"I really wanted to do something with Aussie ingredients," Adamson says. Twenty-kilo batches of roasted wattle seed come to them via a commercial coffee roaster but only a fraction is used in a single brew. Adamson is fairly secretive about the recipe but says the beer "tastes a bit like mud" if too much is used.

"When I was looking at using wattle seed, it sat really well with big, malty flavours," he says. "I used a Scotch ale home-brew recipe." The extra alcohol (5.8 per cent) and darker malts help balance the wattle flavours and the unusual ingredient is relatively subtle overall. It made an impression on the judges at this year's Australian International Beer Awards, where it was named best herb and spice beer at its first attempt.

Adamson, a former rock musician, "dabbled" in IT before undertaking a two-year diploma course in brewing at Ballarat University. Before going commercial, he fine-tuned the brewery's recipes at home, knocking out 23-litre pilot batches and conducting blind-tasting sessions. "The Black Wattle went through six different versions before it was released," Garnett says.

Adamson says the stablemate Extra Special Bitter uses "four different hop varieties and four separate additions". It was inspired by British classics such as Old Hookey, Fuller's and Old Speckled Hen.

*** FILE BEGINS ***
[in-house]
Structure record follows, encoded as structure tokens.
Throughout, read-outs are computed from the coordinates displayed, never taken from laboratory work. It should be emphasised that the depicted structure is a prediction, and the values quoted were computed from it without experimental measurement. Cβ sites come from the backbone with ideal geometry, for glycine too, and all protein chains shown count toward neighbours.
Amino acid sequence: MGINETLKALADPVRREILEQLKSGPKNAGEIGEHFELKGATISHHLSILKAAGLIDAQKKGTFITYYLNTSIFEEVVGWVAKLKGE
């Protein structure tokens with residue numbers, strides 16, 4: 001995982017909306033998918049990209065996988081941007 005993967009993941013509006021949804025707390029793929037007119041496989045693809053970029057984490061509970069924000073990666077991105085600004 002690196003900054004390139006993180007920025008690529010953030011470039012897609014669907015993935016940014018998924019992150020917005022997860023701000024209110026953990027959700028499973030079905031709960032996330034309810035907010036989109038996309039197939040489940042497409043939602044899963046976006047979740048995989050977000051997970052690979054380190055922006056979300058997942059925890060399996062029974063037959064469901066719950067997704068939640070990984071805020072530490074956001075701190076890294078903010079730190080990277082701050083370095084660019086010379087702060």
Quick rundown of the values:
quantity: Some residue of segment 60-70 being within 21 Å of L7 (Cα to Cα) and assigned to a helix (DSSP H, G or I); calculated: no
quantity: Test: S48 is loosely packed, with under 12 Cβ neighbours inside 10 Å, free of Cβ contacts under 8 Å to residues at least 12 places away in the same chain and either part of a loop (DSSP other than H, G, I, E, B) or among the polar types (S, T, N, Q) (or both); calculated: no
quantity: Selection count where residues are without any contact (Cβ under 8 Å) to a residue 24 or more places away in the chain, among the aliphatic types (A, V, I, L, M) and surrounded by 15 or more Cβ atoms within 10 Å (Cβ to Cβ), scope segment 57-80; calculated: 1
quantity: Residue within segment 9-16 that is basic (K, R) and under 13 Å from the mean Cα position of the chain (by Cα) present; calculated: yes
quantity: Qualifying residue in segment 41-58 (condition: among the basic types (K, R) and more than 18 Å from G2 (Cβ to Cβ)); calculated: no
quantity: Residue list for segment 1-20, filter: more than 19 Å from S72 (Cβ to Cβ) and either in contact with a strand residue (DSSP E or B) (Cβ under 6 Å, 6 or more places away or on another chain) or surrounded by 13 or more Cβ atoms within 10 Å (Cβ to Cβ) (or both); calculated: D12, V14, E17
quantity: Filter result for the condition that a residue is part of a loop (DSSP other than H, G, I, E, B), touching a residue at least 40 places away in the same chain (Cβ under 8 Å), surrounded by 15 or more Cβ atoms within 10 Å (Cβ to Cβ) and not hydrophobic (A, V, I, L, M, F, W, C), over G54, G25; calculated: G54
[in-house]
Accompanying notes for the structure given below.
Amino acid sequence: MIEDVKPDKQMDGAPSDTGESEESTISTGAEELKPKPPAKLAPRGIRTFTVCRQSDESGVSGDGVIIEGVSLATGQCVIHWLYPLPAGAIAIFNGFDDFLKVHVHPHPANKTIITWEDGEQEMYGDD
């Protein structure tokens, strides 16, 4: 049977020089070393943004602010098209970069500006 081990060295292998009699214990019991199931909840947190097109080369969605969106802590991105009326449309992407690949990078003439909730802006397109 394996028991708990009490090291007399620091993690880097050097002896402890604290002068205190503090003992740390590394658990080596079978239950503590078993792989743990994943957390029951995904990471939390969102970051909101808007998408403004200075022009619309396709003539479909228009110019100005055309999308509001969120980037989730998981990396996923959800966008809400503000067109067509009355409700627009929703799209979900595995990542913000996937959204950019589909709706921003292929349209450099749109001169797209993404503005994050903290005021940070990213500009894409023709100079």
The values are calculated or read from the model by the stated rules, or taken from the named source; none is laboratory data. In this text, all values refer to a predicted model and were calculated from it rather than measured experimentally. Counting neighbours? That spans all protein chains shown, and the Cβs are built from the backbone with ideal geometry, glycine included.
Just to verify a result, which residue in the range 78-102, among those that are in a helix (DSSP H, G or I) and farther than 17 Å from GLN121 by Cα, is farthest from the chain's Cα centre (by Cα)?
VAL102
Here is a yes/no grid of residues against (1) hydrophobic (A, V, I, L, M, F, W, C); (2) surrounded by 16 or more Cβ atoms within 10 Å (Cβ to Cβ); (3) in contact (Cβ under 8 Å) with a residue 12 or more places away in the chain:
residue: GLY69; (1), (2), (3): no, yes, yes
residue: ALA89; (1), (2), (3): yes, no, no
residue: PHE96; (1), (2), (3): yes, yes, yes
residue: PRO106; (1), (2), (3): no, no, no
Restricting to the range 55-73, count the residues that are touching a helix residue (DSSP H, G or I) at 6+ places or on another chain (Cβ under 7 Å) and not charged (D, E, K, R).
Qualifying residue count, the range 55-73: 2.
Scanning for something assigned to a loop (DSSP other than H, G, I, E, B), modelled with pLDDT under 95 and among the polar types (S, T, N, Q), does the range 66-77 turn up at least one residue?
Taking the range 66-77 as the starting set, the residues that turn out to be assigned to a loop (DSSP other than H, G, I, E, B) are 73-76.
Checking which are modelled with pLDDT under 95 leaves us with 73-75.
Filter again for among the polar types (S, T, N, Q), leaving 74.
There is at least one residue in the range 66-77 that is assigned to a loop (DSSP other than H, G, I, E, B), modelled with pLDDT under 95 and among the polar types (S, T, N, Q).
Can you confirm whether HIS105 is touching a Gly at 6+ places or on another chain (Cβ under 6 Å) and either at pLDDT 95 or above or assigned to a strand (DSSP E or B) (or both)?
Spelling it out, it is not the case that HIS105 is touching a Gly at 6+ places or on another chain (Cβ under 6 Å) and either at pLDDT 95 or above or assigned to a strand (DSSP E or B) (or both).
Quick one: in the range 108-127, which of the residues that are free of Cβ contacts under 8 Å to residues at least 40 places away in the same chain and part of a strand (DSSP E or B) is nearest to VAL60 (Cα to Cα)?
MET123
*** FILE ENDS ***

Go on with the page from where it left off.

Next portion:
Adamson and Garnett have their beers produced under contract at Australian Independent Brewers in western Sydney. Since launching in 2005, the beers are now available in about 500 outlets nationally. Black Wattle Superior is on tap at the Paddington Arms, Rose Hotel (Chippendale) and East Village (Darlinghurst). Barons ESB is on tap at the Four in Hand (Paddington), Welcome Hotel (Balmain) and the World Bar in Kings Cross. See for stockists. "


Monday, January 29, 2007

Beer News - Red Duck Newsletter

Latest newsletter attached from Colac up-and-comer Red Duck.........


Saturday, January 27, 2007

More New (& fresh) Beers for January 2007

Bintara Pale Ale $3.00
Bootleg Brewery Raging Bull $3.90
Bootleg BrewerySettler's Pale Ale $3.60
Bootleg Brewery Sou'West Wheat $3.60
Bootleg Brewery Tom's Brown Ale $3.60
Bootleg Brewery Wils Pils $3.60
Bress Cider Brute $19.00
Gage Road IPA $3.00
Gage Road Pure Malt Lager $3.00
Knappstein Reserve Lager $3.40